As most of you know, late this summer we moved across town. One of the most difficult things that I had to do was leave behind what we designed and grew from nothing 13 years ago. Over those years, I turned a vacant lot into a lush oasis, filled with perennial walking gardens, blue stone patios, a fabulous chicken garden, a honeybee apiary and a lovely area of raised garden beds. My heart still pines for those gardens, wondering how they are growing without my daily tending. Weirdly, I miss my plants. I had no idea they were such a part of me. But with change, comes new opportunities and I got a head start on next year’s vegetable garden at the new place.
Have you thought about gardening with chickens but just don’t know where to start? Today, I’m sharing with you some terrific tips to get started and also a fun DIY gardening project to recycle your flock’s eggshells into seedling starters.
Sometimes I compare my backyard to an oasis. My kids spend hours playing in the grass and the garden provides fresh vegetables for my family. It’s a place where I go to clear my head, a place where all my worries drift away. Because my family and I love my lawn and garden so much, I have given a lot of thought into keeping the backyard healthy. One of the best helpers I’ve found? My flock of backyard chickens – and, in turn, the feed they eat. I feed my chickens in the morning, let them free-range and forage throughout the day and then bring them into their coop at night. Not only does this keep the chickens happy, it also helps my plants keep growing! The chickens eat insects, aerate the lawn, love eating weeds and even produce fertilizer!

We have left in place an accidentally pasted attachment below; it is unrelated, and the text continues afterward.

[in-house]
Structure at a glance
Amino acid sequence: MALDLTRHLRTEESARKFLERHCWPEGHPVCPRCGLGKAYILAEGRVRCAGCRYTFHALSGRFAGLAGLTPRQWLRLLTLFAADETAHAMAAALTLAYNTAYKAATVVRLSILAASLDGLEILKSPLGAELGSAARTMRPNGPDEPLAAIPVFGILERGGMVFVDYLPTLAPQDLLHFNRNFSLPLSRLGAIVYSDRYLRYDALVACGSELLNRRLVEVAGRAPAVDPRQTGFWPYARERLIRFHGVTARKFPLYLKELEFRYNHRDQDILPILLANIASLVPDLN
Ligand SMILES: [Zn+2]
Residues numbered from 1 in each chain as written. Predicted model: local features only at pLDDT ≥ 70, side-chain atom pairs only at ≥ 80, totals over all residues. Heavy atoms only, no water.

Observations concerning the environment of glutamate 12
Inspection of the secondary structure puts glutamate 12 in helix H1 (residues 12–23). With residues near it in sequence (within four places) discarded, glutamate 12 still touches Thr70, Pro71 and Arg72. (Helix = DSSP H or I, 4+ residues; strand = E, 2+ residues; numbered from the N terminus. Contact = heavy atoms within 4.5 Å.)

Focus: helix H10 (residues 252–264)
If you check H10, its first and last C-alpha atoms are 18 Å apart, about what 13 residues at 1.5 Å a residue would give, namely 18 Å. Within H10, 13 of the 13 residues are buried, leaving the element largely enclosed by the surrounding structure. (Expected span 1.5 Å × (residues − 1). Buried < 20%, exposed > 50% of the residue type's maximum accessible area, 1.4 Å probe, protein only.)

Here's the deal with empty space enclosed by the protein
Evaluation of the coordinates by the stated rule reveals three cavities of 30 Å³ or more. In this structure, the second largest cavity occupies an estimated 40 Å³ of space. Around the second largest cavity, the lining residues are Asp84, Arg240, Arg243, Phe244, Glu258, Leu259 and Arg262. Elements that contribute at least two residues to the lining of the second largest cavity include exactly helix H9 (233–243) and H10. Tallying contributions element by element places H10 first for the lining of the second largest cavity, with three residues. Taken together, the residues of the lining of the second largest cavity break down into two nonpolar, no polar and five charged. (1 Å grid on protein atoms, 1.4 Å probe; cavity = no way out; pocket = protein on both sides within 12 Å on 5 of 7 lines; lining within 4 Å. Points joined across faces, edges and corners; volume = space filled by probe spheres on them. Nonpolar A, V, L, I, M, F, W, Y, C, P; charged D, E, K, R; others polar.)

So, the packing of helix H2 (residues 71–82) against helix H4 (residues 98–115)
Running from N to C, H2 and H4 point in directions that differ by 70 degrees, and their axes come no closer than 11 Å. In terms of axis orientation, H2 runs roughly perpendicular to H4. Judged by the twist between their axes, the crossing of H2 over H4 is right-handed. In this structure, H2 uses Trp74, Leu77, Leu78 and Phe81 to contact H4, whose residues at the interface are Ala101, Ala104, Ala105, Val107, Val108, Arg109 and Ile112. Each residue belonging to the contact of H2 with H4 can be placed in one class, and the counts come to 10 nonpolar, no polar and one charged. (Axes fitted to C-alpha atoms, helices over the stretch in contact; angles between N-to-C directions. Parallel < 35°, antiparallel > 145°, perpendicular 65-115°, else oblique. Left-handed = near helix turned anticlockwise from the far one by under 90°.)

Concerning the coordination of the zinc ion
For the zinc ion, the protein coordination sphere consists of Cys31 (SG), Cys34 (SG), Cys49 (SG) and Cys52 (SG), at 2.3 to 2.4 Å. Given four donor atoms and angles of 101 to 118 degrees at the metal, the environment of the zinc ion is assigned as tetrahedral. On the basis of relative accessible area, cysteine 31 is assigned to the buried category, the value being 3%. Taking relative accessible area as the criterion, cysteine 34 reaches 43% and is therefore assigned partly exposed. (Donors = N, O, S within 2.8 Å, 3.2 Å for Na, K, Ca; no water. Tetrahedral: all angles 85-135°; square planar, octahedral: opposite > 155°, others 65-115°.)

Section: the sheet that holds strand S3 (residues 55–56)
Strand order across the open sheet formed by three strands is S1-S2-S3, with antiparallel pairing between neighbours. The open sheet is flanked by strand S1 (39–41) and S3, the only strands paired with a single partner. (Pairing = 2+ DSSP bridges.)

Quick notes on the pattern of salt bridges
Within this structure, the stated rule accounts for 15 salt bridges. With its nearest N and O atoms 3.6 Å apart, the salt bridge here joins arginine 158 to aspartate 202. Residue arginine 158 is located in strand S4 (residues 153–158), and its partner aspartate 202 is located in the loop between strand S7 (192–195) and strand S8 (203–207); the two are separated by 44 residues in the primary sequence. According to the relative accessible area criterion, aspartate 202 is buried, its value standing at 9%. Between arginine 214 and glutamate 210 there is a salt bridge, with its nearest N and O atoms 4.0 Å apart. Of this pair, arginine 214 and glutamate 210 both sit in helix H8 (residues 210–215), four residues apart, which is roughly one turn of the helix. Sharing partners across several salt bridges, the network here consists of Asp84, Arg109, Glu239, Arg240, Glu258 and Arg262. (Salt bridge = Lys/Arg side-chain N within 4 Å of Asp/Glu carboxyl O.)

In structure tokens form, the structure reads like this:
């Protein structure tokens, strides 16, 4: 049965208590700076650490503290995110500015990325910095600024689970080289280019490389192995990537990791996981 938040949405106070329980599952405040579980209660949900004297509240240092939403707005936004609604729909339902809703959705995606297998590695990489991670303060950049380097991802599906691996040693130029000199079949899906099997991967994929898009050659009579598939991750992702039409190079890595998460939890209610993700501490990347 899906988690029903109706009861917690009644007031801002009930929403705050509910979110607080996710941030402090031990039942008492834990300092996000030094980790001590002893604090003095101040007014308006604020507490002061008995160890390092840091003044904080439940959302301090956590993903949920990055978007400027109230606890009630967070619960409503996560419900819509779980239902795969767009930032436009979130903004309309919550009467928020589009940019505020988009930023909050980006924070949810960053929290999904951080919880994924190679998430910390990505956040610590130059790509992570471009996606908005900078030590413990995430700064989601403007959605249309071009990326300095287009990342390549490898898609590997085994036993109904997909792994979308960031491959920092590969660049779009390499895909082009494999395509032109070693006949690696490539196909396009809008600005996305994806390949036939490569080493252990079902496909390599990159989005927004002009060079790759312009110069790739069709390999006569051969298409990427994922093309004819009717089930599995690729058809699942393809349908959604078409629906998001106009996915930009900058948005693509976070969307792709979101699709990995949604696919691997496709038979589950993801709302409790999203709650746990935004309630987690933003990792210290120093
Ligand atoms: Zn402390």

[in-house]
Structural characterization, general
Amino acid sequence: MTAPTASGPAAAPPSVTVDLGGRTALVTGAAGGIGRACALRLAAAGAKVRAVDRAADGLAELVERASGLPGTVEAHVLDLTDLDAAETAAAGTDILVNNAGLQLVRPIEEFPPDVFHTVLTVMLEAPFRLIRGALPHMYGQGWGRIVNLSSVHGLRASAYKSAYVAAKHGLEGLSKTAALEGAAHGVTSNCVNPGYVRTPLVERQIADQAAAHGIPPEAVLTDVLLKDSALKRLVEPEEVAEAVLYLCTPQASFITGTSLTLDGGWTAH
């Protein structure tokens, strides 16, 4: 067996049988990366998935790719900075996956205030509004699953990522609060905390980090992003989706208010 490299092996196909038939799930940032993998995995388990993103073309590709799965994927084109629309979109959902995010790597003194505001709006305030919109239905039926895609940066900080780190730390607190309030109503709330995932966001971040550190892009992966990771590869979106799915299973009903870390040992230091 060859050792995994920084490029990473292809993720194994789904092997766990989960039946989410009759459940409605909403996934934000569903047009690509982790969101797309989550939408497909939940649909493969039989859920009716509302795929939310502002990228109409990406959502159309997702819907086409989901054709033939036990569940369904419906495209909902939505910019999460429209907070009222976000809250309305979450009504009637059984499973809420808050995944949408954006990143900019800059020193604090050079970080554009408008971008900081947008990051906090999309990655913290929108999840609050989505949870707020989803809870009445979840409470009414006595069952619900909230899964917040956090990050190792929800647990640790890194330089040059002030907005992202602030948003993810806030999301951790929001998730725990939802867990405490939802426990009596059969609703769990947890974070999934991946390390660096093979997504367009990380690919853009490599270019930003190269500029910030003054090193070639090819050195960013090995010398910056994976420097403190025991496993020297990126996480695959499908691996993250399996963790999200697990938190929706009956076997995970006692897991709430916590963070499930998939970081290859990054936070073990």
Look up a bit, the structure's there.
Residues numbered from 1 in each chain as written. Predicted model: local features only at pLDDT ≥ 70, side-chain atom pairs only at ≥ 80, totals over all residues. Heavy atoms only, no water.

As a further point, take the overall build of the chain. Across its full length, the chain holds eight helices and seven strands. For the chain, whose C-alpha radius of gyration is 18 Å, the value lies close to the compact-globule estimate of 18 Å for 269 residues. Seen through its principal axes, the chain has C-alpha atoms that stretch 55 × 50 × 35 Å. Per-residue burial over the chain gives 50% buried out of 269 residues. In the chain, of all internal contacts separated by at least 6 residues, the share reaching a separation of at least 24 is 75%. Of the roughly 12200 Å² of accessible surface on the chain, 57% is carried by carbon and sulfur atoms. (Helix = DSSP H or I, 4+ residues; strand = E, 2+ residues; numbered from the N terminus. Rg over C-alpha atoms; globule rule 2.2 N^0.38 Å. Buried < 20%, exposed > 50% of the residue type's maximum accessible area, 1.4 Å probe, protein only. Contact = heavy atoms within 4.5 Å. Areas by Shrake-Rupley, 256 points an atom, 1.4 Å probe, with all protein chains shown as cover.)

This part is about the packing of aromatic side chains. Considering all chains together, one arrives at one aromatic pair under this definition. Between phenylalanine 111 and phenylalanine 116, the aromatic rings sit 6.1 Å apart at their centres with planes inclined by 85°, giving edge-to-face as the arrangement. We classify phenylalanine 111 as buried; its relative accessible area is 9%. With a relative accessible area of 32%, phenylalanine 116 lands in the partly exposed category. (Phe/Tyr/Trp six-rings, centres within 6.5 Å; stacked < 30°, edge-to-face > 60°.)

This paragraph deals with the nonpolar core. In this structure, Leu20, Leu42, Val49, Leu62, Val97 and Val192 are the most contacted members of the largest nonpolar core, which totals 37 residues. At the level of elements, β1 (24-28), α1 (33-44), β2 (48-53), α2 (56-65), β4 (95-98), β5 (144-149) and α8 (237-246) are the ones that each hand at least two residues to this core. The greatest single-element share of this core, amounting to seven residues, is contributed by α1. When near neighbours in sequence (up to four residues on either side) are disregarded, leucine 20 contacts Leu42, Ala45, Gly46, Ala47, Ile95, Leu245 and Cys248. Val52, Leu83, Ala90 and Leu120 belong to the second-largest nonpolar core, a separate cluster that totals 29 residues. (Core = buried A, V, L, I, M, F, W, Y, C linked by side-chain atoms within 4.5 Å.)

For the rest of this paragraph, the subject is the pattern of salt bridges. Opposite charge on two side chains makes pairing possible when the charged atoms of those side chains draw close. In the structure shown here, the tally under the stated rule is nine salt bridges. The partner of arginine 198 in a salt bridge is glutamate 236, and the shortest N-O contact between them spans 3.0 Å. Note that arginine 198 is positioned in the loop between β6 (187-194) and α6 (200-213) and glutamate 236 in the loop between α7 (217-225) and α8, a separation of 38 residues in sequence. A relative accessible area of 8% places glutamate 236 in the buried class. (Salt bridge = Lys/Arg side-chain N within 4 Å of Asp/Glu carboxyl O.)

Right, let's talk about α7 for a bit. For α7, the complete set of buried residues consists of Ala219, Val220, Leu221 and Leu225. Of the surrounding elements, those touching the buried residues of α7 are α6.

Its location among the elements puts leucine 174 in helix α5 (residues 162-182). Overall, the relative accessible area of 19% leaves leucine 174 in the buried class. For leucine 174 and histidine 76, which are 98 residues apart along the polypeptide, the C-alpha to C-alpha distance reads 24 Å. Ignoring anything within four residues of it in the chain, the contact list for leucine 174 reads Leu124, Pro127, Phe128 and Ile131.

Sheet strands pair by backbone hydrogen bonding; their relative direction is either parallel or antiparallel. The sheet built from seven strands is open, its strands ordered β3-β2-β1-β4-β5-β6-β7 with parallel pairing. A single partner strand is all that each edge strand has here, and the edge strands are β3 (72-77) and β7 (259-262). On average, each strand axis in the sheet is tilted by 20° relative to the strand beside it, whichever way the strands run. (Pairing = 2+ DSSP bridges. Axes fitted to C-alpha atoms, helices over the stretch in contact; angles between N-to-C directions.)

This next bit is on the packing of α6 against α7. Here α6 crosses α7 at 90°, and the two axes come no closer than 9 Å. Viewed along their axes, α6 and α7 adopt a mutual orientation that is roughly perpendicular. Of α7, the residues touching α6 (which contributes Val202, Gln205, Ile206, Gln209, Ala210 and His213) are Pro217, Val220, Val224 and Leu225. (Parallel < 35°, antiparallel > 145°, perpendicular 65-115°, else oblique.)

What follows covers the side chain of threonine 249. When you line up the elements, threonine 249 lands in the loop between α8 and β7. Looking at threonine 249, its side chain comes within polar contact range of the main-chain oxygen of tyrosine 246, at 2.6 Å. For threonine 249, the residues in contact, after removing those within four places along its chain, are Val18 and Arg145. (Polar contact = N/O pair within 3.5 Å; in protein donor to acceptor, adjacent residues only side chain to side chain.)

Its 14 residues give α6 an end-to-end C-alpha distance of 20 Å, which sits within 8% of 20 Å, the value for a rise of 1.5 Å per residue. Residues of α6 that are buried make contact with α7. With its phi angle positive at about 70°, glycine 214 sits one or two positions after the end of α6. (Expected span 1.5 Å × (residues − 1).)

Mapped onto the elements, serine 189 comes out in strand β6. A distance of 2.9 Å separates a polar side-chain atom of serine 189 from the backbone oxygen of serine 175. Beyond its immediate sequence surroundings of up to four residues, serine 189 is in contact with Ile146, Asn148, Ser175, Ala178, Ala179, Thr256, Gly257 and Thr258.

Ready to add chickens to your backyard? Here are four steps to get started!